M. de Chalabre at first denied, but on the Queen’s insisting confessed that it was the young Comte de ——, whose father was an ambassador, and was then abroad. The Queen desired him to keep the affair secret, and the next evening when the young Count approached the tables she said, smiling—Accustomed all her life to be surrounded by friends, to be made much of and allowed to do as she liked wherever she went, she had followed her own fashion of wearing a certain style of dress, artistic, characteristic, but inexpensive. Nobody had objected to the simple toilettes of soft muslin, gracefully arranged, nor to the scarves and handkerchiefs she twisted in her hair. But she became suddenly conscious that they were by no means suitable to appear before the formidable personage, whom she pictured to herself as tall, dark, gloomy, and terrible, moreover the Countess Esterhazy looked at her in astonishment, and with much hesitation said—
These children, of whom she was the elder by a year, were the only ones who survived of the four born to their parents, and were devotedly fond of each other; the remembrance of their happy childhood together in the rambling old chateau and the great garden with its terrace over the Loire always remained vividly impressed upon the mind of Félicité.
The Vernet  were staunch Royalists, and watched with horror and dread only too well justified the breaking out of the Revolution.The prison of the Carmes was a very different abode to Port Libre, and it was just at its worst time, but still Térèzia used afterwards to declare that she, after a time, got accustomed to the horrors of the prison. The constant presence of death made them more and more callous, and they would play games together like children, even enacting the scenes of execution which they had every prospect of going through in reality. Their room, or cell, looked out into the garden, through a grating, into which, however, they could not go; a single mattress in a corner served for their bed.
The last time Mme. Le Brun saw the Queen was at the last ball given at Versailles, which took place in the theatre, and at which she looked on from one of the boxes. She observed with indignation the rudeness of some of the young Radical nobles; they refused to dance when requested to do so by the Queen, whose agitation and uneasiness were only too apparent. The demeanour of the populace was becoming every day more ferocious and alarming; the drives and streets were scarcely safe for any but the lower classes. At a concert given by Mme. Le Brun, most of the guests came in with looks of consternation. They had been driving earlier in the day to Longchamps, and as they passed the barrière de l’étoile, a furious mob had surrounded and insulted everybody who passed in carriages. Villainous looking faces pressed close to them, horrible figures climbed on to the steps of the carriages, crying out, with infamous threats and brutal language, that next year they should be in the carriages and the owners behind them.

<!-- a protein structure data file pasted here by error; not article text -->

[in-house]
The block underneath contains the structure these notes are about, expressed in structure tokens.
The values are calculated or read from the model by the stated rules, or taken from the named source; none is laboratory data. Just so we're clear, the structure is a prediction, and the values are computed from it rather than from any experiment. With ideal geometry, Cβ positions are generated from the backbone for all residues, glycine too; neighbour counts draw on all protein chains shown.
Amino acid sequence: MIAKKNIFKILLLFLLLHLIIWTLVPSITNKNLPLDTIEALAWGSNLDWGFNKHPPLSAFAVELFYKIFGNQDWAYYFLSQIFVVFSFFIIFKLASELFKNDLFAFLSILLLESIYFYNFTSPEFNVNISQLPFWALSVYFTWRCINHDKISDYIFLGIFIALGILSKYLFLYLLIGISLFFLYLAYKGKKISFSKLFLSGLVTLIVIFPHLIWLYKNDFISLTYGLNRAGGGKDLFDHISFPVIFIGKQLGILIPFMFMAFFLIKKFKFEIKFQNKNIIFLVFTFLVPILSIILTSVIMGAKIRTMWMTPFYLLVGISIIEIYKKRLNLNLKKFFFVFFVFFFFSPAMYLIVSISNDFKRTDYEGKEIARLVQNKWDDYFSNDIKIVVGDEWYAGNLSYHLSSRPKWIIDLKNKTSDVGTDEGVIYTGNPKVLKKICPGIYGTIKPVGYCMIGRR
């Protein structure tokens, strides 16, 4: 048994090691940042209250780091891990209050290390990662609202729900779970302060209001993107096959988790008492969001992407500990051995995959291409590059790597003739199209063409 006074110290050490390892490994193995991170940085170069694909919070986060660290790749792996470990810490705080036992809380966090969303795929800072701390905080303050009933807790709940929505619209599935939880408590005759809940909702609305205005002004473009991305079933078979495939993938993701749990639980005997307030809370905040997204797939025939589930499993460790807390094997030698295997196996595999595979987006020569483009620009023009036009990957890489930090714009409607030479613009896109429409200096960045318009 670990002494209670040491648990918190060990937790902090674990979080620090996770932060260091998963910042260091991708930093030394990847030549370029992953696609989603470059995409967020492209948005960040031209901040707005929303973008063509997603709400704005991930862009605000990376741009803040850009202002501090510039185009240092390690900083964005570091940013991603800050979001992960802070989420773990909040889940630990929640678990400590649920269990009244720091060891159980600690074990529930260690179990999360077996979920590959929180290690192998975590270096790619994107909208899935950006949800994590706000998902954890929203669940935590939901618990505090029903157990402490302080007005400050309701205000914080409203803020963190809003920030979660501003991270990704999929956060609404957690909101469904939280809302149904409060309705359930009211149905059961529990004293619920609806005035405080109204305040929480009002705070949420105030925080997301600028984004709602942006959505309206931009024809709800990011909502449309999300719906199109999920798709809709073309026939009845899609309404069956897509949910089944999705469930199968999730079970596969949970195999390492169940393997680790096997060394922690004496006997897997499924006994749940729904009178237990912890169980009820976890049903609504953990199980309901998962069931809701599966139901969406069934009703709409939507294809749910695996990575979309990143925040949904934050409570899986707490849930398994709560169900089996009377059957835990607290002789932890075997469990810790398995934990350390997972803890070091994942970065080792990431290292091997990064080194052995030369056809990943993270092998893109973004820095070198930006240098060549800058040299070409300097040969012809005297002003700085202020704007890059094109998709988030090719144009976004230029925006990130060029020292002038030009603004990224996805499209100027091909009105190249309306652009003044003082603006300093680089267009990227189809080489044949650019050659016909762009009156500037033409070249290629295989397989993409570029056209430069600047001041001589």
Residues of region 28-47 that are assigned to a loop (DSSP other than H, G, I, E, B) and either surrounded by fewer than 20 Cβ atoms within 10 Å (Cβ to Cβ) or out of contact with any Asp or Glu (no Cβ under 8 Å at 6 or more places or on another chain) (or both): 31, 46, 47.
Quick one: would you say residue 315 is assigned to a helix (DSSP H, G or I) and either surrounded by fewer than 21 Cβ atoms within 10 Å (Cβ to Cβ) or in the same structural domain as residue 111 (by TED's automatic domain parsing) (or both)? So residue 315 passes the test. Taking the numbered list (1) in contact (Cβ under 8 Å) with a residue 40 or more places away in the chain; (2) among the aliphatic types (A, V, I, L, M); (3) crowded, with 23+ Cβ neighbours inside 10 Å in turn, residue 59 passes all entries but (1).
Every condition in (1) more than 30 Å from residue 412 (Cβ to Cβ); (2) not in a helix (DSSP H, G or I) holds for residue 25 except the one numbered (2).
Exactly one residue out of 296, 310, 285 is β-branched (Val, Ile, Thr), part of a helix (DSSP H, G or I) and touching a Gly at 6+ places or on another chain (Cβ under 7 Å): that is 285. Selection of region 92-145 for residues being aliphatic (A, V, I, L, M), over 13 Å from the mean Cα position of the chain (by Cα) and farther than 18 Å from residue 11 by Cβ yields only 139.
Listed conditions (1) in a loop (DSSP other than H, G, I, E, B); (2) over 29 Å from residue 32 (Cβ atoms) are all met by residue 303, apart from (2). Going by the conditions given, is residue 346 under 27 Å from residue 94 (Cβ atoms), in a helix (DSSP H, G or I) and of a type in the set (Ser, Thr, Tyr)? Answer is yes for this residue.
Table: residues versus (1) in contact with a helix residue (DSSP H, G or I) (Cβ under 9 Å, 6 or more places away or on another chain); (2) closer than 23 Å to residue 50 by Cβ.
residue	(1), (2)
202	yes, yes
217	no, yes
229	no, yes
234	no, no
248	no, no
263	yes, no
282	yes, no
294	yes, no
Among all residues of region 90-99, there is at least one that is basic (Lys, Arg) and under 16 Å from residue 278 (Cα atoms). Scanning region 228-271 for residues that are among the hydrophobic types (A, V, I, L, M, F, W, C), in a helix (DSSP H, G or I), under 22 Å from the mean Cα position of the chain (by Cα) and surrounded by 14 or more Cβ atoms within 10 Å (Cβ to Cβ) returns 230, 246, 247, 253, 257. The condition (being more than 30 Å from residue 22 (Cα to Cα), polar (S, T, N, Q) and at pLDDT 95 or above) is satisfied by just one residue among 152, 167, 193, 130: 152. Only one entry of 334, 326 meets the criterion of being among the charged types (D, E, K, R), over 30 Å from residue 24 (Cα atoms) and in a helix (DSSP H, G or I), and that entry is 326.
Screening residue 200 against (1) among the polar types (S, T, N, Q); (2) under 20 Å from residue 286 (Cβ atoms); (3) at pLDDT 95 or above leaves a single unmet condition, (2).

Paris seemed to be awaking into life again; the streets were more animated, the people to be seen in them were more numerous and did not all look either brutal or terror-stricken. Art, literature, and social gaiety began to revive.While Louise and Adrienne were still children projects of marriage for them were, of course, discussed, and they were only about thirteen and fourteen when two sons-in-law were approved of and accepted by their parents, with the condition that the proposed arrangements should not be communicated to the young girls for a year, during which they would be allowed often to meet and become well acquainted with their future husbands.
Pauline remained at Paris with her husband, and in February they lost their younger child, Clotilde. The morning after she died, Pauline, who had been up with her all night, was told that Rosalie, who was living at the h?tel de Noailles, had just given birth to her first child.
ALL the great artists, musicians, actors, and literary people who had returned to Paris after the Terror came to the salon of Mme. de Genlis; and many were the strange and terrible stories they had to tell of their escapes and adventures.He commanded every one to salute his palace, even when he was not there. He forbade round hats, and sent police about with long sticks to knock off any they met.
“Because every one is in prison at Paris; even the revolutionists. And I am a revolutionist.”It was on the 27th of July, 1794, that she started on a journey to see her father, who was living in the Canton de Vaud, near the French frontier. For two nights she had not slept from the terrible presentiments which overwhelmed her. Young de Mun went with her, and having slept at Moudon, they set off again at daybreak for Lausanne. As they approached the end of their journey they were suddenly aware of a char-à-banc coming towards  them in a cloud of dust, driven by a man with a green umbrella, who stopped, got down and came up to them. It was the Duc d’Ayen, now Duc de Noailles, but so changed that his daughter scarcely recognised him. At once he asked if she had heard the news, and on seeing her agitation, said hastily with forced calmness that he knew nothing, and told M. de Mun to turn back towards Moudon.详情
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